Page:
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Why Should I Buy This Book?

No work from classical antiquity, either Greek or Roman, has exerted such a continuing and decisive influence on European literature as Ovid's Metamorphoses. The emergence of French, English, and Italian national literatures in the late Middle Ages simply cannot be fully understood without taking into account the effect of this extraordinary poem. And the development of a great deal of modern poetry draws no less heavily on Ovid's masterpiece.  

The Metamorphoses is, first and foremost, an extraordinarily fecund resource for narratives, especially stories of human personalities in conflict. It is true that most of these stories do not originate in Ovid. He has culled them from all sorts of sources, but here they all exist together, rather like an encyclopedia of mythology, giving direct access to a magical world of fiction which provides all those interested in art a resource without equal. 

In some cases, Ovid's account is the only source for a particular story, one which has been picked up and embellished and re-embellished throughout European literature. The tale of Pyramus and Thisbe, for example, was one of the first to enter European literature. In the Middle Ages this story was turned into a 900 line French poem. It was also used by the English poets Chaucer and Gower and the Italian Renaissance poets Boccaccio and Tasso. Shakespeare used the tale as the basis for Romeo and Juliet and, in a comic version of the same narrative, in A Midsummer Night's Dream.  

But the popularity of the Metamorphoses rests also, and more importantly, on the delight people experience in reading the poem, which is self-consciously epic in its scope. Ovid is seeking to recount the history of the world and of human civilization, establishing the nature of the god and goddesses, the creation of the human race, the interactions of gods and human beings, and some major legendary historical events, like the Trojan War, the founding of Rome.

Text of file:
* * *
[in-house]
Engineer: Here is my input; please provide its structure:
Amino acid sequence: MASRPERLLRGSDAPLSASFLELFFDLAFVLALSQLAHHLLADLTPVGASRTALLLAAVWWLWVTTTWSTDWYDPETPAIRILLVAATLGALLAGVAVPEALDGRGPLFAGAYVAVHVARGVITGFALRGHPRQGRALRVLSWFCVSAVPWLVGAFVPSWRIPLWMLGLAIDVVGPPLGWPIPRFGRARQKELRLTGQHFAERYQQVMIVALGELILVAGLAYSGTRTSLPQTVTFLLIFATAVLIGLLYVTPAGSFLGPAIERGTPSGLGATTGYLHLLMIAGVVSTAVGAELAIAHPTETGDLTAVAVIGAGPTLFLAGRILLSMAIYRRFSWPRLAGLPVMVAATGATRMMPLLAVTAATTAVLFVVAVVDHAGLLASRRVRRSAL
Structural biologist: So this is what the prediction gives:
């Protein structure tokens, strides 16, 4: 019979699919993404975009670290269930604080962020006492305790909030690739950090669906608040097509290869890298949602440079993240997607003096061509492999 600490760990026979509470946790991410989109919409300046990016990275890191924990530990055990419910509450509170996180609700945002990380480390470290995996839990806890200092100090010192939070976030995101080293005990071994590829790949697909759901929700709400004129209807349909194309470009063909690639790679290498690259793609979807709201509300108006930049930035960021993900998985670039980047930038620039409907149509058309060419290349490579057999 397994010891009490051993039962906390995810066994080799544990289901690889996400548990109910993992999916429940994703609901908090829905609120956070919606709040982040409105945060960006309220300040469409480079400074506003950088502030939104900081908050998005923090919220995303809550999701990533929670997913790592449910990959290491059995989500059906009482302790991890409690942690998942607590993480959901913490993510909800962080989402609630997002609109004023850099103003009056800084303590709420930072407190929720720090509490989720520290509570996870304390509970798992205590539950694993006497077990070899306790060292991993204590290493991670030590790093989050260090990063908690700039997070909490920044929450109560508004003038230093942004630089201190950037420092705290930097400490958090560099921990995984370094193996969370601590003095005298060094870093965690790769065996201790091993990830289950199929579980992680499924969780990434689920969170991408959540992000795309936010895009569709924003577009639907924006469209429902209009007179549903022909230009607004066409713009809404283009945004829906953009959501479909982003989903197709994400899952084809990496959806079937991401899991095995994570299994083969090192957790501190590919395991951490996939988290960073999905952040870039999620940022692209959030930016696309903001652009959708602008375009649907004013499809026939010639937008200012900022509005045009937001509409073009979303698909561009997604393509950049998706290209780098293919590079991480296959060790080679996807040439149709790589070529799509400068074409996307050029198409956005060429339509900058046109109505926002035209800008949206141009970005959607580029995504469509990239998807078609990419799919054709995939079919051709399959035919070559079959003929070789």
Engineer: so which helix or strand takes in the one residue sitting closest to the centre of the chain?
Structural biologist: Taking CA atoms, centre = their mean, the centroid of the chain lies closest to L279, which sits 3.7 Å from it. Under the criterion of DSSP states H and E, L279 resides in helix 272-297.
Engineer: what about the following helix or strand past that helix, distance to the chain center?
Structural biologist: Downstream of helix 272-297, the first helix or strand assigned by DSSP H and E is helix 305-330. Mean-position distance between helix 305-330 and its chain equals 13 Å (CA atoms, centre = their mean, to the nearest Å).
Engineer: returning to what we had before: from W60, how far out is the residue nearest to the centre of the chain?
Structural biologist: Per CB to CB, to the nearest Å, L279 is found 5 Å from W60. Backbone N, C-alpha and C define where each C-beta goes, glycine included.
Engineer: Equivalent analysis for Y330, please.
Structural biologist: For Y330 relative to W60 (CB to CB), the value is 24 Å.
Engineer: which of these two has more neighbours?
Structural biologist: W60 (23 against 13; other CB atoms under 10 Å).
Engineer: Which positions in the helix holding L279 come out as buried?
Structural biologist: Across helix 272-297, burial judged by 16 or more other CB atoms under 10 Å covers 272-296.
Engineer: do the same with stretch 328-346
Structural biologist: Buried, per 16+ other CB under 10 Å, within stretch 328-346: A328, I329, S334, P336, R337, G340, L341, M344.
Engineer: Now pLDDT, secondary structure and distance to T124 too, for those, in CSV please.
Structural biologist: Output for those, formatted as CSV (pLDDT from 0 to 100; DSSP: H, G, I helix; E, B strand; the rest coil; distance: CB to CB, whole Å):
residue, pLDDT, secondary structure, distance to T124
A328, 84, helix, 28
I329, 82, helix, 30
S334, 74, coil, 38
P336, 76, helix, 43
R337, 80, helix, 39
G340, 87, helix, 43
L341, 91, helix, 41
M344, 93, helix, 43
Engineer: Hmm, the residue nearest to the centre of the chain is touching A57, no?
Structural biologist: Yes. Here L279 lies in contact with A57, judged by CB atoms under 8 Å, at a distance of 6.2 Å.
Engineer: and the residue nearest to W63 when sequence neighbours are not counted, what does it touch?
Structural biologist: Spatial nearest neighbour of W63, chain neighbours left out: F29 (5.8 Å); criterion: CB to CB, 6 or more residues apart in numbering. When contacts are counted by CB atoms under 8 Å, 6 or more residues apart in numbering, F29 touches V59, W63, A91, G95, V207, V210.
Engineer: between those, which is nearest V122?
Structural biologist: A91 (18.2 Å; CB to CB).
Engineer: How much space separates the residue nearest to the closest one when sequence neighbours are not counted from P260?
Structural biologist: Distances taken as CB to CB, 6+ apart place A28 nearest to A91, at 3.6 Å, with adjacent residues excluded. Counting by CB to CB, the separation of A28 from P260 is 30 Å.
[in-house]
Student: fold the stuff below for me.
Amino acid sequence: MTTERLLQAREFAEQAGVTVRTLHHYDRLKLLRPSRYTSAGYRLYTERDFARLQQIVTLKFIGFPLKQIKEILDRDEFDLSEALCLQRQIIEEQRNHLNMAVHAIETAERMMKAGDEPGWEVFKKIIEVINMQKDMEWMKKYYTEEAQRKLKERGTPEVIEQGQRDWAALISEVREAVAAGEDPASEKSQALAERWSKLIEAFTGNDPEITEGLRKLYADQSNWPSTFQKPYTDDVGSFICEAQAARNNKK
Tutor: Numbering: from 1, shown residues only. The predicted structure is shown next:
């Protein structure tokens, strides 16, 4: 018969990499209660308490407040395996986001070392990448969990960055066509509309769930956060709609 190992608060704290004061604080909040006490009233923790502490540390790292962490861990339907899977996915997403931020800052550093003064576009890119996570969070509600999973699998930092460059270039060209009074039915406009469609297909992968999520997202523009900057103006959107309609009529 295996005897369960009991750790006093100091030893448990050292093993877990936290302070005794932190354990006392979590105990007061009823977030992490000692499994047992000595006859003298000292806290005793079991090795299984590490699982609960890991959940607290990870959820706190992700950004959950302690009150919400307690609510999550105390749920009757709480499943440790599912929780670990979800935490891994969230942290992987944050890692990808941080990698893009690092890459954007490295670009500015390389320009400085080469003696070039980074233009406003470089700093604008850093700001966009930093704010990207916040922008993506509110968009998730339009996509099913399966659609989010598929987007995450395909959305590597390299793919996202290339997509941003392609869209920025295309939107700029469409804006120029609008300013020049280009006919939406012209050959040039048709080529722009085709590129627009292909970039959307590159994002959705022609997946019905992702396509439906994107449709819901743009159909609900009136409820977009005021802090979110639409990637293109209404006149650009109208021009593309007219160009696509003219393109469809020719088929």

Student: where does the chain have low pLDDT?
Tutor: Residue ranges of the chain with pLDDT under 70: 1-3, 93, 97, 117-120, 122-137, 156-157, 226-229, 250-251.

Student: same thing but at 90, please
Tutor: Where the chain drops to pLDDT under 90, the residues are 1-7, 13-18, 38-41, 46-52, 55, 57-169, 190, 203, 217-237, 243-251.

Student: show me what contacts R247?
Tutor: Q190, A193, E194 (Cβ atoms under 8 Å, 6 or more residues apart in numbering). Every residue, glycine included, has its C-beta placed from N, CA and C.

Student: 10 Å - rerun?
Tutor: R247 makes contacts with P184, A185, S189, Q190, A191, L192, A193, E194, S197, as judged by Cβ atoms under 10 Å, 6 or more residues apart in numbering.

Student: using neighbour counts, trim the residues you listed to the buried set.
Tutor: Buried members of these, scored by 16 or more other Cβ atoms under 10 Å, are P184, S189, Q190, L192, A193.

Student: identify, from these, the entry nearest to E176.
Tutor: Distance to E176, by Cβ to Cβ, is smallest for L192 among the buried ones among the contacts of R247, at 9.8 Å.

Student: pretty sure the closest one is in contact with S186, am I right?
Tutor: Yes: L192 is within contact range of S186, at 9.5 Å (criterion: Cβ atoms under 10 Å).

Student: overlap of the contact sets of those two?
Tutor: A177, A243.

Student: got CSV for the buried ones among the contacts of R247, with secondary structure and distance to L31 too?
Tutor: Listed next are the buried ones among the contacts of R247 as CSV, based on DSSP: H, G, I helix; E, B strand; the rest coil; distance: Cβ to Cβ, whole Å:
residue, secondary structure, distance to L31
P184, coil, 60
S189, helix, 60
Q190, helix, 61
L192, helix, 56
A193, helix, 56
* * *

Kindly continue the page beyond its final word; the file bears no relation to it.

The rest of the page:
These very disparate elements are joined together in a seamless narrative, so that we move easily from one story into the next, and often we, as readers, are drawn into some new tale before we fully realize that the old one is over. This provides a constant sense of movement. None of the stories is very long, but Ovid avoids any erratic sense of stopping and starting all the time by the skill of his narrative links. What emerges is something far more than just a catalogue of ancient stories but a genuine narrative with a logic of its own. 

The poem's many episodes share a common theme—the idea of metamorphosis or transformation, usually accompanied by violence. This gives to virtually all the stories an inherently dramatic quality, since the violence frequently involves a helpless and protesting victim, the evidence for whose change often remains forever in the landscape, the heavens, or in the natural life around us.  

Finally, the strength of this poem may very well rest on the fact that it offers no particular vision of life and has no particular interest in such a high ambition. It is, by contrast, a celebration of the literary genius of the writer, a self-conscious demonstration of the pure pleasures of fiction without recourse to any high moral seriousness.

Ian Johnston

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